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Twirly Tuesday: My Day as a Wedding Planner(part 1)

Good morning beautiful people! As promised, this is our first post for Twirly Tuesday! Whoop whoop! As I mentioned, it is written by Aba, a friend and HR Professional who had to work on site with me as a PA in order to design an interviewing structure and assessment centre for that position. Happy reading 😊

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MY DAY AS A WEDDING PLANNER
“I groaned as I heard Abok’s phone ring. I had only managed to sleep after midnight and I was not looking forward to my sleep being interrupted. I heard Abok’s groggy voice transform into a gentle, clear soothing voice as she spoke to the caller. I peeked at the time through my eyes, which were determined to only stay open at a centimeter-wide, and realized it was 4am. I did not have to wonder too long about who was calling. It was the bride. I had no idea what she could possibly want when we had just left her four hours ago and she had specifically told us she was very comfortable. I only heard half the conversation which seemed to focus on a missing item which could range from the groom to the wedding veil. After two slips into sleep and several “relax, I am here for you’s”, I finally heard Abok cheerfully assure the bride that everything was in the hotel room where we left them. I mentally shook my head in exasperation and slipped into a near coma only to be prodded awake at 6am. I am not a morning person and today was no different…I was murderous.
That was only the beginning to my day as a wedding planner and I was still clueless about how it was going to end.
At 6.40, we walked into the venue for the wedding and my lessons began:

Do not panic; ever! When we got to the entrance of the venue, I saw Abok’s eyes taking in the scene and she was not happy. The lawns were scattered with cut pieces of cut ribbons and the tables were not set up. My eyes widened in panic as I realized the amount of cleaning up the decorators had left behind and the fact that the waiters scheduled to arrive at 6am were no where to be found. I looked at Abok in confusion as she seemed to be very calm. She told me panic would not help anything; we needed a solution.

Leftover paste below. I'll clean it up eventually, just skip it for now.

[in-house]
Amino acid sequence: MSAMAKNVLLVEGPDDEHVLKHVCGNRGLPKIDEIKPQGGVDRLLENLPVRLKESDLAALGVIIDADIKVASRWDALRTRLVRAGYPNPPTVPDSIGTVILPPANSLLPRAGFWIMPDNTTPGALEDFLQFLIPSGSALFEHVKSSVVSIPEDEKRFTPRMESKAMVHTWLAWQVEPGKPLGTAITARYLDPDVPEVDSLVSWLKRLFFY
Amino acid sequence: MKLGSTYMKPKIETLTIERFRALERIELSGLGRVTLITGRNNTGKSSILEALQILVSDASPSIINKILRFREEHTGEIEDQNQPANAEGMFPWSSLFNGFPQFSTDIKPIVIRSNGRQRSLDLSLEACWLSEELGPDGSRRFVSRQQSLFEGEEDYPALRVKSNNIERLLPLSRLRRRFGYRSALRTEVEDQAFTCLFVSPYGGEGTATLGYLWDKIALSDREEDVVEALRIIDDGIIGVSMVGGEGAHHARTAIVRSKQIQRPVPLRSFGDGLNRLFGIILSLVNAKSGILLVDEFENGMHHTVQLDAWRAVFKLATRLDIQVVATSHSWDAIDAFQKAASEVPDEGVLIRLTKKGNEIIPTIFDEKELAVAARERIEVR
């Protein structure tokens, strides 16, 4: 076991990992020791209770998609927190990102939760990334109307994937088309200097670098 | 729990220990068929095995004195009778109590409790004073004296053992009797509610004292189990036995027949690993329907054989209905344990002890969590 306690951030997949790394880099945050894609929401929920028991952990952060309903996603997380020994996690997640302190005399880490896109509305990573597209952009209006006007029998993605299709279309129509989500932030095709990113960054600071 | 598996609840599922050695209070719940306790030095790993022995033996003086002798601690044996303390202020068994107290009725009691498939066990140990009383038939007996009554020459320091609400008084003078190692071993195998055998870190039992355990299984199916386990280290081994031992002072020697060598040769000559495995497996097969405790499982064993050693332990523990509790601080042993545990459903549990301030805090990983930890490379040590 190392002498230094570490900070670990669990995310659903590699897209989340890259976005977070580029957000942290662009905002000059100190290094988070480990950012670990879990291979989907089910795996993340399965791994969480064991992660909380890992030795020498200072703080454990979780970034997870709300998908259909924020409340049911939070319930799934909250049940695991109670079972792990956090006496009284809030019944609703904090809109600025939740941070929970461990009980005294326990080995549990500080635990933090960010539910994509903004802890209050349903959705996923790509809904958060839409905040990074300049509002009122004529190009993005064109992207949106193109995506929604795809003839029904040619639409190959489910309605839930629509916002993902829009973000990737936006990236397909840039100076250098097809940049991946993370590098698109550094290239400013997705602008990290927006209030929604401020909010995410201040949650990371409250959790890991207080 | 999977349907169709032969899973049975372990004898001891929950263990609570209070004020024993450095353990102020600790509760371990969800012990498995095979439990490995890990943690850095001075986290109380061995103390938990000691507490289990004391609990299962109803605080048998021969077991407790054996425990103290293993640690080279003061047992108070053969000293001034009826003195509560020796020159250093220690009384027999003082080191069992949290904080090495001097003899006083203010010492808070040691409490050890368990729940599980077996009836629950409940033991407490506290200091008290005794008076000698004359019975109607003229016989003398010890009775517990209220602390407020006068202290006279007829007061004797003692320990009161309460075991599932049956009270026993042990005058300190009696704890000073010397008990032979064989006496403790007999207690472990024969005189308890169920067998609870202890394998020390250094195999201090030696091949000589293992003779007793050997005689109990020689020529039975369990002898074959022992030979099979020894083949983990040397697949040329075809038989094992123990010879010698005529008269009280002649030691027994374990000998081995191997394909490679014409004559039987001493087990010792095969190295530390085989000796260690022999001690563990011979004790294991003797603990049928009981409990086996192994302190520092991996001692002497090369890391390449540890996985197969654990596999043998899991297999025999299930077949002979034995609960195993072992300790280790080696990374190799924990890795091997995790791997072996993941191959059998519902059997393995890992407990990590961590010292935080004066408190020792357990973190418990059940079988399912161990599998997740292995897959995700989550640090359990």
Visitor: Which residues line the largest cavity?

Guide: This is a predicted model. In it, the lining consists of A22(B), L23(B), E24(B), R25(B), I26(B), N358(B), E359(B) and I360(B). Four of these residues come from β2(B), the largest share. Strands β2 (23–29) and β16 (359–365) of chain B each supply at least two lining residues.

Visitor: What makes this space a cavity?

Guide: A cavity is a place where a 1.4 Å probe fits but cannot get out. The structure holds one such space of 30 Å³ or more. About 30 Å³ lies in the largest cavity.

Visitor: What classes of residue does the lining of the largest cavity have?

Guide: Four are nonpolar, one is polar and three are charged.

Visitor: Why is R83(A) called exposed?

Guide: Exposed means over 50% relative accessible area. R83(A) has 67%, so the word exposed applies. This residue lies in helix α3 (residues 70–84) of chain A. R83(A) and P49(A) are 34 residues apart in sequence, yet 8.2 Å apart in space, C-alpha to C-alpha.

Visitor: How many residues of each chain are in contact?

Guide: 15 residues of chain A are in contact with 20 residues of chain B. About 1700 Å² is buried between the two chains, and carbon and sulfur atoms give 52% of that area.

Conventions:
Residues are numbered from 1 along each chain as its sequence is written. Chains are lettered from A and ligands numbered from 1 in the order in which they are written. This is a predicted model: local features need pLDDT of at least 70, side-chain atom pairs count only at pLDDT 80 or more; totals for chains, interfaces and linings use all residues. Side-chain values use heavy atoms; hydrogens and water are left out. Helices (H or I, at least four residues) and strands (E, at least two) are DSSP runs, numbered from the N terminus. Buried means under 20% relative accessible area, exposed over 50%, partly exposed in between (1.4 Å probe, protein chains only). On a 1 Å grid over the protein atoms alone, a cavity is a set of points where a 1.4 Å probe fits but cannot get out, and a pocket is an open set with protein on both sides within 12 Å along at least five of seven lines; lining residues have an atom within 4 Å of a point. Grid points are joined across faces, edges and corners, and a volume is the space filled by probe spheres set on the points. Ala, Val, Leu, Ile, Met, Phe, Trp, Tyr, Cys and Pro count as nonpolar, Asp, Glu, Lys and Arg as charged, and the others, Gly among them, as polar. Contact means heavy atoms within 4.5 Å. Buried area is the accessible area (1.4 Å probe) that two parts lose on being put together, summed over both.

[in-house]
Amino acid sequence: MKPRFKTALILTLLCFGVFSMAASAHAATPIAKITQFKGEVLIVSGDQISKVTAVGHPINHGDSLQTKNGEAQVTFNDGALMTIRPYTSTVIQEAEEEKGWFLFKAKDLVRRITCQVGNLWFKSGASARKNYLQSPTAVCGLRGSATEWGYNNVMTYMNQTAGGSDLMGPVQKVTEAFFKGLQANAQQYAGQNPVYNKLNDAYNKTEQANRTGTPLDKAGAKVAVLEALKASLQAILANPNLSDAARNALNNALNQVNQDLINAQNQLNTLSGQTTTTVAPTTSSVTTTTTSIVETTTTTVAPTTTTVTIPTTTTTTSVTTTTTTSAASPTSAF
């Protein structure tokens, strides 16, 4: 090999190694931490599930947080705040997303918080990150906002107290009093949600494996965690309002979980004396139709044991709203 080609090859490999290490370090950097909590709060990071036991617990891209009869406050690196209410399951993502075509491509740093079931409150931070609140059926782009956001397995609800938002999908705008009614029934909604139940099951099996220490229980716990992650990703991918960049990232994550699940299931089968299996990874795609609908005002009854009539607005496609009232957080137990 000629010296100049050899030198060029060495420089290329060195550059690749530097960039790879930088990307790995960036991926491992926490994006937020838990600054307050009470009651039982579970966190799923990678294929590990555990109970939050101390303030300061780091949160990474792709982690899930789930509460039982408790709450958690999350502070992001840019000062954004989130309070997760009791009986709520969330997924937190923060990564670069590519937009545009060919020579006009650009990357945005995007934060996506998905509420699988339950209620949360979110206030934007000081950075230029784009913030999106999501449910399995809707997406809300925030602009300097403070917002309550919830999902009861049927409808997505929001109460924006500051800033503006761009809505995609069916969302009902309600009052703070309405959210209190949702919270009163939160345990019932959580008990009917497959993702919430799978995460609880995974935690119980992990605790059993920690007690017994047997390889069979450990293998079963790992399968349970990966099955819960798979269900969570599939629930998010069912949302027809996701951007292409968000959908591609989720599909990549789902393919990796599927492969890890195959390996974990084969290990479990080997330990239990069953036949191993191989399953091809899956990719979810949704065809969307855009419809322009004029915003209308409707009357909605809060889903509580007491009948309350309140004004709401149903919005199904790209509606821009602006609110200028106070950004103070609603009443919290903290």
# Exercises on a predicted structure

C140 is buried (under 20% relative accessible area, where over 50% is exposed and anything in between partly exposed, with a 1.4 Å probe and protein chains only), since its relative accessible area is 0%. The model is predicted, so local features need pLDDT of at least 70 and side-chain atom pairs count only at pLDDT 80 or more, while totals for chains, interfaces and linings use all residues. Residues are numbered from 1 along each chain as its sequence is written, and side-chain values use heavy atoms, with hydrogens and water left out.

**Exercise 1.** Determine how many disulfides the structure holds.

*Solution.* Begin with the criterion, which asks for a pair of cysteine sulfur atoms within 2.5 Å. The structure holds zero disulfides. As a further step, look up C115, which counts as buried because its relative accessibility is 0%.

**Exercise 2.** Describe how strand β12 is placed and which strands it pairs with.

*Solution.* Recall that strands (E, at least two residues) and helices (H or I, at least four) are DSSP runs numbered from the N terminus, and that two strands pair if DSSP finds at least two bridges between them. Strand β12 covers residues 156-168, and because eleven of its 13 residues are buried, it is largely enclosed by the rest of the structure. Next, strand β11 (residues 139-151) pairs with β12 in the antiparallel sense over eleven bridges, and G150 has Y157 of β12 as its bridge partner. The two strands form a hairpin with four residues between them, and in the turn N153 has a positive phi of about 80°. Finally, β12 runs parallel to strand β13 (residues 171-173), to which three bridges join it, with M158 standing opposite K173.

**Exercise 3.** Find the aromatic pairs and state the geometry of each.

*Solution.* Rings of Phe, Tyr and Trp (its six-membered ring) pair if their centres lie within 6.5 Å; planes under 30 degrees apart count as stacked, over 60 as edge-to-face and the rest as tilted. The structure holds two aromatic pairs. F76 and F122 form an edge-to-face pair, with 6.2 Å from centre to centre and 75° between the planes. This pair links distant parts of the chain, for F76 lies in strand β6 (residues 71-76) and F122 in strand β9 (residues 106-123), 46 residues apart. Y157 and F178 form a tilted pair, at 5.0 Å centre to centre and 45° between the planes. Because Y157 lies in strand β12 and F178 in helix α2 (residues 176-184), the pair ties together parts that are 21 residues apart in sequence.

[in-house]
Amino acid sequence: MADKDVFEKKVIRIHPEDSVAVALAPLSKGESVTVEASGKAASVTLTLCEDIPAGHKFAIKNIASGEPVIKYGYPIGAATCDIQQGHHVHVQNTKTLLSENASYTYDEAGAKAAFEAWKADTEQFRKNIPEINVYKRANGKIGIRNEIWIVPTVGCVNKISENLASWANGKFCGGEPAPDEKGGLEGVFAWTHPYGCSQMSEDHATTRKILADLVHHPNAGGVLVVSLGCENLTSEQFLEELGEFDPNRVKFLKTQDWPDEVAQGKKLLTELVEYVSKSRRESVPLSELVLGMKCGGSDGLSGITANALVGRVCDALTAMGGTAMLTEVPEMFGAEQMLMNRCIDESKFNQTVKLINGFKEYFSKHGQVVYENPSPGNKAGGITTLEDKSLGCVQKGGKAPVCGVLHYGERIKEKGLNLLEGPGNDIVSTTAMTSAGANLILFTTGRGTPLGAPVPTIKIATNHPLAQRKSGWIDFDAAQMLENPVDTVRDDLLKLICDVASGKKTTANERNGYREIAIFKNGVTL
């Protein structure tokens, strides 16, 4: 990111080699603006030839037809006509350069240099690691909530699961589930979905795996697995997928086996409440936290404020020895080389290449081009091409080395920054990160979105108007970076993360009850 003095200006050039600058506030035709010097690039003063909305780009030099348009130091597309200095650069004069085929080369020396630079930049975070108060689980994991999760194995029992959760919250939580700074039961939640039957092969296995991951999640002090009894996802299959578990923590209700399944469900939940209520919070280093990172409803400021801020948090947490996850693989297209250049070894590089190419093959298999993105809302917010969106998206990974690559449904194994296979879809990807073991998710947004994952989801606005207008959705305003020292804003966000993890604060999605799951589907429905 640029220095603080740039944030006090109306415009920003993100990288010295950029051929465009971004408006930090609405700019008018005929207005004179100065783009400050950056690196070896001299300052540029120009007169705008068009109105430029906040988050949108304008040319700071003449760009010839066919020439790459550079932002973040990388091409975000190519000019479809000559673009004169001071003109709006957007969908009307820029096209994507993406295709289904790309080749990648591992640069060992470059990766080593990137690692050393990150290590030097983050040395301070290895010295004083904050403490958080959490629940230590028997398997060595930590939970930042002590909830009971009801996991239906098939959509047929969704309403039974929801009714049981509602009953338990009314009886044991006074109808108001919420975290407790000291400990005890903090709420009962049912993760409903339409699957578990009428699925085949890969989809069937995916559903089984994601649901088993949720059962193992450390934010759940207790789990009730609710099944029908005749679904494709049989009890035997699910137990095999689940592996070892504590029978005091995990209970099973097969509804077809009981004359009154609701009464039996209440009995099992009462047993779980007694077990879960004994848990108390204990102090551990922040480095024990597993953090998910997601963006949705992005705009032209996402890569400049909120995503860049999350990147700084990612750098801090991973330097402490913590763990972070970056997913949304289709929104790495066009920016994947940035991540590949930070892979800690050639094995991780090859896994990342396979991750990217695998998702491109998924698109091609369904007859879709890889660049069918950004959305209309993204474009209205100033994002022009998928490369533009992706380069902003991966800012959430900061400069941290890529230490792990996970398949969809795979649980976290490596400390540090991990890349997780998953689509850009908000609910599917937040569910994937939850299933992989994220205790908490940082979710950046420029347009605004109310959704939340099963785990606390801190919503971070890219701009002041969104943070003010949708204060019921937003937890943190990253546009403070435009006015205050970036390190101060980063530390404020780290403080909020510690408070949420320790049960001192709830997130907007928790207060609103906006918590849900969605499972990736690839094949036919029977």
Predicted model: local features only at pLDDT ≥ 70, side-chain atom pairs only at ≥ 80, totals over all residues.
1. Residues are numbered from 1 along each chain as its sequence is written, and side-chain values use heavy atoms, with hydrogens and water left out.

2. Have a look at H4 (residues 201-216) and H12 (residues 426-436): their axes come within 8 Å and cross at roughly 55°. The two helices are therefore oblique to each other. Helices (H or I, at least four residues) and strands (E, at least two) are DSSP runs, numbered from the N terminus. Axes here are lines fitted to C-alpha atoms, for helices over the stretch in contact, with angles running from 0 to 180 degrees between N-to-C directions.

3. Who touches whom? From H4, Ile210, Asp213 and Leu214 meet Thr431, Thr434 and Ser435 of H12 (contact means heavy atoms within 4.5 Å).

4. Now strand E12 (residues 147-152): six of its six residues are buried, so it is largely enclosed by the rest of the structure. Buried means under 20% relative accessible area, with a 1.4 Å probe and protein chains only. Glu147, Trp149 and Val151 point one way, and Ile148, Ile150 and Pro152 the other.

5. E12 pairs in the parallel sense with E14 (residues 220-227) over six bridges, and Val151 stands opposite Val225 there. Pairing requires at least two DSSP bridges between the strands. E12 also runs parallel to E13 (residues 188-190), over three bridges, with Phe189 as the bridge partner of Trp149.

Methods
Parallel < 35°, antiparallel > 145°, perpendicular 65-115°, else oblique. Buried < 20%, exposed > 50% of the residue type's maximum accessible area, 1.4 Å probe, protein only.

Initiative: Without words we both started setting up the tables and furiously picking up the trash as we went along.

Firmness: Abok paused at interim to call the waiters and decorators to find out how close they were to the venue. Firmly explaining to them, any mess that came from their end would be to their detriment. This calm and cheerful boss of mine was dead serious and I worked faster without being told twice. I had a glimpse of the future at that point and realized fun was definitely over.

Leadership and team work: Within an hour everyone had arrived and I had to apportion duties to everyone while Abok scrutinized the final details of the décor. My patience was tested when I had to deal with a headwaiter adept at his job and did not want to be told how to do it. However, at that point, experience was irrelevant; prioritizing reigned. I decided to use my best strategy for getting work done: listen attentively and commend the suggestions but still tell the person to do what to be done now-suggestions could be used later. Fortunately it worked! As I walked away from glares digging into my back, I mentally sank to my knees in relief because any resistance at that point could waste the time we did not have.

Attention to detail: I had taken a break from what I as doing to ask Abok a question when I spotted her bent over some chairs with determination written all over her features. As I approached her, I noticed she was slanting all the wedding programmes which had already been placed on the chairs. I teased her that she may have some perfectionist issues but as I stood back and looked at her efforts I was astounded. She had been aligning the programmes with the direction of the chairs and that little extra detail added to the professionalism of the décor. Abok laughed at my astonishment and shouted across the lawn, “Isn’t it amazing how little touches can transform the décor?!” I could only nod in agreement.

Time consciousness: At 12noon when the guests started arriving, everything was set up, the waiters were dressing up and Abok was already on the phone checking how close the priest was to the venue. At 12: 45 the guests were seated and the bride was waiting outside in the car. I remember the priest suggesting the wedding started earlier as everyone was ready. That seemed like a good suggestion till I saw the groom at the bar. The poor guy was panicking and needed a drink. His best man was failing miserably at reassuring him and was eagerly looking forward to a drink too.”

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Okeydoks twirtly birdies. It’s quite a long post so I put it in two parts. If you enjoyed reading this, look out for the second part on the next edition ooooooffff….TWIRLY TUESDAAAAY!!😃 Have a fab rest of week everyone!!